Forza Motorsport 5 will go down in history as being the first Xbox One exclusive to be revealed at the event. Watching the early footage was a bit like re-watching Sony’s Drive Club trailer – the two look fairly indistinguishable upon first glance.

Next up was Alan Wake/Max Payne developers Remedy, with their exclusive Quantum Break (shown in the three screenshots below). The teaser trailer was a mysterious thing, mixing live-action footage with pre-rendered. Much like Defiance it’ll be backed by a TV series in which the events in one will affect the other.


Speaking of TV shows, Steven Spielberg will act as an executive producer of what’s currently known as Halo: The Television Series. It’ll be a live-action affair.

Disappointingly, Forza Motorsport 5 and Quantum Break were the only two Xbox One exclusives to be revealed. We shouldn’t worry, however – Microsoft claims they have more games in development currently than ever before, promising 8 new IPs for Xbox One within the first year alone. This pleases us greatly – the thought of Microsoft recycling the same old franchises for another generation isn’t one we’re overly fond of.

Other games? Plenty of multi-format games are making the leap such Destiny, Watch_Dogs, Assassin’s Creed IV: Black Flag and Thief. Remember though, Sony has already bagged exclusive content for Bungie’s Destiny and Ubisoft’s Watch_Dogs.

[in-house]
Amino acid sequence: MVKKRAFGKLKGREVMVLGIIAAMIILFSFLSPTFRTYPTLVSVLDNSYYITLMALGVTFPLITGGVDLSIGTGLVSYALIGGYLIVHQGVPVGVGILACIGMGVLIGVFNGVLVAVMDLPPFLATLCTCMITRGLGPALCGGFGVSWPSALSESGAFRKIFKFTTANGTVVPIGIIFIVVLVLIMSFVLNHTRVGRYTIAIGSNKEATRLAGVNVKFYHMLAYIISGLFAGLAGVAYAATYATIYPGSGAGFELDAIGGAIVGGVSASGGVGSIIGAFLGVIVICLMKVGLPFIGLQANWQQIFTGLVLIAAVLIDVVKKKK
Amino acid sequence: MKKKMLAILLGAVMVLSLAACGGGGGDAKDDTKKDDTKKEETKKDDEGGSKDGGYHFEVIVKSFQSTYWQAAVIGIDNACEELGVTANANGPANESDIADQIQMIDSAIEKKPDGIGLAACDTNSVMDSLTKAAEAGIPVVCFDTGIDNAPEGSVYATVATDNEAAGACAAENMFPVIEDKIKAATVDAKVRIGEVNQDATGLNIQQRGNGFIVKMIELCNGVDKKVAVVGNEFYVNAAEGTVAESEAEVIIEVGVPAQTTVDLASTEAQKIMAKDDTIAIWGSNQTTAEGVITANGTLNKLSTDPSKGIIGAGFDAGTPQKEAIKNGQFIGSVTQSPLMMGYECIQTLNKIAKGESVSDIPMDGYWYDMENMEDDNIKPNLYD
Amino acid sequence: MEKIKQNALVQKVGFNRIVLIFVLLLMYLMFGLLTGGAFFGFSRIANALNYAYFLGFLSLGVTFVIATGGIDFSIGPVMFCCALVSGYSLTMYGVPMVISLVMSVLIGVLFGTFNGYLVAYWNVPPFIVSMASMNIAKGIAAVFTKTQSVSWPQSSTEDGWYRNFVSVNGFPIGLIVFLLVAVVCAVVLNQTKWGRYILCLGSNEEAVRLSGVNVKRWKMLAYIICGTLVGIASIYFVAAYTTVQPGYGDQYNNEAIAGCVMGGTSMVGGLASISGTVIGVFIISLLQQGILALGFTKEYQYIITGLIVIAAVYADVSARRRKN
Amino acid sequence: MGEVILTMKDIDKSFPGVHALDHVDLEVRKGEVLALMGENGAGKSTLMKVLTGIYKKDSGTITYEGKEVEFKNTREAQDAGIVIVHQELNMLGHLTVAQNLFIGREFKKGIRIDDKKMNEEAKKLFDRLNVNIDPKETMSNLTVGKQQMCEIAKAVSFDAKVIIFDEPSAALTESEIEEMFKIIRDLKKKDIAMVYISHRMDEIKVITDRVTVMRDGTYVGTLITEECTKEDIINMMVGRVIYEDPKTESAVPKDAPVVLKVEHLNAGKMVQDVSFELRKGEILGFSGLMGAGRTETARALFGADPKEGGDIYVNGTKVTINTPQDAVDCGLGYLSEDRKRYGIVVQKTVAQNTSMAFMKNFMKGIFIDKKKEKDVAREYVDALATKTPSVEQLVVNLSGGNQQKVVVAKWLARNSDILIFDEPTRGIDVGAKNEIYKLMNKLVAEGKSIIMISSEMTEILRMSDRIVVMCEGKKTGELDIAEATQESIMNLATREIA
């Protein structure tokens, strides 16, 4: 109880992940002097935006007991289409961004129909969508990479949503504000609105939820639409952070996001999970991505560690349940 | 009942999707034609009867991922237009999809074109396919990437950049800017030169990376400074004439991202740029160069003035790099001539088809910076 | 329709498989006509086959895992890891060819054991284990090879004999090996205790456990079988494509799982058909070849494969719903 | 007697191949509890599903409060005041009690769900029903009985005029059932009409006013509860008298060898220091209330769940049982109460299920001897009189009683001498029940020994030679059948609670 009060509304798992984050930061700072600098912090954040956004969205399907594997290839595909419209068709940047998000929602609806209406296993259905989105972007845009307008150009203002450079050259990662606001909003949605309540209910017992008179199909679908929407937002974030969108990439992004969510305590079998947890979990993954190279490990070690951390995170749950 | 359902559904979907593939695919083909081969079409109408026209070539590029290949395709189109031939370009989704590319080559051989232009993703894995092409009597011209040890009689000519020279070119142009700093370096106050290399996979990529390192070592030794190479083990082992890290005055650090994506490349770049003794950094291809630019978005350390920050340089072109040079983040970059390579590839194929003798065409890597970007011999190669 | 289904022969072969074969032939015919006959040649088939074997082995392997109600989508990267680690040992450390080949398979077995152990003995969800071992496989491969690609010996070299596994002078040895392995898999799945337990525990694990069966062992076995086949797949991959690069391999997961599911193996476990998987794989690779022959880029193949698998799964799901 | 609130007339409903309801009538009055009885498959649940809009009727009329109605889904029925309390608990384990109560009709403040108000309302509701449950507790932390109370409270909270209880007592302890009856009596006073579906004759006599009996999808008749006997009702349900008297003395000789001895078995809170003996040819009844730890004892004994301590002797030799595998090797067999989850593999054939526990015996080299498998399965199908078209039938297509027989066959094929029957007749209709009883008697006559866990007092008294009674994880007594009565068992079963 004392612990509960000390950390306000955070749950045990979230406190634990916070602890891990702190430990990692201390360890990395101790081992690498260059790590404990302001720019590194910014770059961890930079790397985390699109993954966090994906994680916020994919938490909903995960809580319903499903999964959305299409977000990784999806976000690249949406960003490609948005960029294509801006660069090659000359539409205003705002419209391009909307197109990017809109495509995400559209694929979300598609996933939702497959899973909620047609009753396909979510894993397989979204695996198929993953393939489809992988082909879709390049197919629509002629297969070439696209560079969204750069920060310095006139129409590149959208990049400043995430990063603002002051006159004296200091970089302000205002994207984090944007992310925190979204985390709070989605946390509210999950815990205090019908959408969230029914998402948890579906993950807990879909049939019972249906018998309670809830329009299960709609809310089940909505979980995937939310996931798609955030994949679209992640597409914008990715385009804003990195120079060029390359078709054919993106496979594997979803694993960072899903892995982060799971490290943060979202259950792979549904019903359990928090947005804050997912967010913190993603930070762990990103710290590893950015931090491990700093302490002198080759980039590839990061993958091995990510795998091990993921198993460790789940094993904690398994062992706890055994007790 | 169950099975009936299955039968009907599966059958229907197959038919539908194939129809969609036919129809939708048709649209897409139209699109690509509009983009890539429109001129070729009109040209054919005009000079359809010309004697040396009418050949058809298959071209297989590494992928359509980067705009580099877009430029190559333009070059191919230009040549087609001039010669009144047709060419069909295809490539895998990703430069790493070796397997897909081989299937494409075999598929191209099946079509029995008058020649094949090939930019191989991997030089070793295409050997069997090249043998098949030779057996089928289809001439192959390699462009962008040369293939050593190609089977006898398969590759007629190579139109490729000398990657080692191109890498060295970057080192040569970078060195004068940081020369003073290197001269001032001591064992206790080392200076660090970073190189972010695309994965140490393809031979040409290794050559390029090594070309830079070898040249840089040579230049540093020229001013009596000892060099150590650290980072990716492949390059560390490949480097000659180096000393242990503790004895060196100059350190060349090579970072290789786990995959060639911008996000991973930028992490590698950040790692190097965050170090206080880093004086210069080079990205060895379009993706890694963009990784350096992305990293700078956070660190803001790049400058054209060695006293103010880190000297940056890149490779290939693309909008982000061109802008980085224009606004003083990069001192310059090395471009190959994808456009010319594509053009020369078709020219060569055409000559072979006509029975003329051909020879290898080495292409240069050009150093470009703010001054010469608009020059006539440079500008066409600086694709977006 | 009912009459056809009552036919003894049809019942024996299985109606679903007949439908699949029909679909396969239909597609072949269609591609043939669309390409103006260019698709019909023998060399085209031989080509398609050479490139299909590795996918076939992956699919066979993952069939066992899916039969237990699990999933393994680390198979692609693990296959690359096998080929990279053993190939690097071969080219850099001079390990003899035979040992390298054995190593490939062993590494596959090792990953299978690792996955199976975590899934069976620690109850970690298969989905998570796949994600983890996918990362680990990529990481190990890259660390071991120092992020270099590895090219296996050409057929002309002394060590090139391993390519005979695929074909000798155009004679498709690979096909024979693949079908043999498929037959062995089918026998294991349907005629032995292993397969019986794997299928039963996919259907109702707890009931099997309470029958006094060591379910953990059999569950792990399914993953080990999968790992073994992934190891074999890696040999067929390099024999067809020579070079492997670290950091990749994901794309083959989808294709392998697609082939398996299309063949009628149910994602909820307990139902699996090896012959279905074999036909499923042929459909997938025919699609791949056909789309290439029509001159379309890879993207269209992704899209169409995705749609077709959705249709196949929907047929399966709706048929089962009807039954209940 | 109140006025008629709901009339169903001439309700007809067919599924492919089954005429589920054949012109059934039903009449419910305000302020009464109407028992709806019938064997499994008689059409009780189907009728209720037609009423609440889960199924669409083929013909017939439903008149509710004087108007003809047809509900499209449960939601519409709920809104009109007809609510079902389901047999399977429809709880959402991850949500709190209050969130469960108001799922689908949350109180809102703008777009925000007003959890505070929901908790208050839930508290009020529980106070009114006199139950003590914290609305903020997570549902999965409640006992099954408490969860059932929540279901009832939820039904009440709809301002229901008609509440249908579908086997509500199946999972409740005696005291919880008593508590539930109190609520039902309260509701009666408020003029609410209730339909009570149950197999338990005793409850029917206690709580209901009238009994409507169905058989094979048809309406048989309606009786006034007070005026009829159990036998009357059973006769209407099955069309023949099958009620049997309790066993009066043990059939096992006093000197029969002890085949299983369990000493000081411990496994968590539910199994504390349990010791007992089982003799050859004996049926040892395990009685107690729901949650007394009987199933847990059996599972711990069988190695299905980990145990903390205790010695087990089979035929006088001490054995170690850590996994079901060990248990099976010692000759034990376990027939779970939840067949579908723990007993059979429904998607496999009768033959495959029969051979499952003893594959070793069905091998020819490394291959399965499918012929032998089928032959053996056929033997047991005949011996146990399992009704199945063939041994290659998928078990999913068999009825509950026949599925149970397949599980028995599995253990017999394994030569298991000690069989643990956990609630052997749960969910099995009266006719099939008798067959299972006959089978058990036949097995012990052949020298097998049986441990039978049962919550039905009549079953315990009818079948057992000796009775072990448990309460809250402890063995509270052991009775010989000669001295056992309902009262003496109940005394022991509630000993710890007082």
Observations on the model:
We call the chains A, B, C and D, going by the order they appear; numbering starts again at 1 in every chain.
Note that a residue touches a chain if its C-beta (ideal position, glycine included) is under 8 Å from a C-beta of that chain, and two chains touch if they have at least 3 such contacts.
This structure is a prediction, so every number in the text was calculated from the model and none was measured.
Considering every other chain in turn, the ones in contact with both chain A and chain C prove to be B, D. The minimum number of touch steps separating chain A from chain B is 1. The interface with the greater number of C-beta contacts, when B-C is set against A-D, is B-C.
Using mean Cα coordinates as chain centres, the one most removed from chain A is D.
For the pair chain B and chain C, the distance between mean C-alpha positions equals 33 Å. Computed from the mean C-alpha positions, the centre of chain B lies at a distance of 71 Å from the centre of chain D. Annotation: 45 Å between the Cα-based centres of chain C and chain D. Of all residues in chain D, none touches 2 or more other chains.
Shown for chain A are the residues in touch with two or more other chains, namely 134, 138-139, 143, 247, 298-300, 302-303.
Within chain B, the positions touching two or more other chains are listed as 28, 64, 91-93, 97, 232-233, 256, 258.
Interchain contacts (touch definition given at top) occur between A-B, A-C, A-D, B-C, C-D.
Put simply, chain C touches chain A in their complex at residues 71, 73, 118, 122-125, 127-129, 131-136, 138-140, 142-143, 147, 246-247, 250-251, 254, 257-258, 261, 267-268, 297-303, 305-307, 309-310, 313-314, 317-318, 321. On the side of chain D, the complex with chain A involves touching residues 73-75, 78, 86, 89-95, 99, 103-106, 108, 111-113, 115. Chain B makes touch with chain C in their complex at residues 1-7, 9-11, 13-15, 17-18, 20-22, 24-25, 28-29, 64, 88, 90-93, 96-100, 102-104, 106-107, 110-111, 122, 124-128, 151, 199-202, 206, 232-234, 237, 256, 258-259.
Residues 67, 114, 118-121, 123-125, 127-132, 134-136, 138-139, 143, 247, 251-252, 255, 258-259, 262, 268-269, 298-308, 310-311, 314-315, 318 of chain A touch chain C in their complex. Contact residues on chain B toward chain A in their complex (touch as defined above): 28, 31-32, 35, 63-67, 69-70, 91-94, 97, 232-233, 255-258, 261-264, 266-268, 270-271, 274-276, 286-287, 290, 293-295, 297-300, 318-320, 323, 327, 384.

It was this year’s Call of Duty which ended the Xbox Reveal event. Infinite Ward were determined to hammer home that Call of Duty: Ghosts will go beyond what has been seen in the series before, and revealed that it’ll feature a story penned by the writer of Traffic. The multi-player mode will now feature customisable characters, while maps will be “more dynamic” – earthquakes, traps and more were shown. “It’ll be the best Call of Duty we’ve ever made” promised Infinite Ward, before showing off character models so detailed that they even featured dirt under their fingernails. Lovely.

It would seem that information which surfaced after the Xbox Reveal event has set tongues waggling the most. To wit: a fee will reportedly occur when a second hand game is played. How this’ll work isn’t exactly clear yet, but the chaps at Eurogamer have done their best to try and squeeze and answer out of Microsoft’s vice president of Phil Harrison. You can read the interview in full here.

What we can deduct from it is that all Xbox One games will have to be installed onto the HDD. Backwards compatibility has been ruled out as well, sadly.


As you can imagine, speculation of having to play a fee to play pre-owned games hasn’t gone down well with the majority of gamers. Some are also disgruntled that the Kinect is now an integral part of the system set-up. This is more than understandable considering that motion controls aren’t to everybody’s liking. Having such a thing forced upon oneself does have a whiff of “like it or lump it” about it.

More Xbox One announcements will be made at E3, commencing 11th June. We won’t be there, but we aim to cover all the significant news in hopefully not too tedious detail.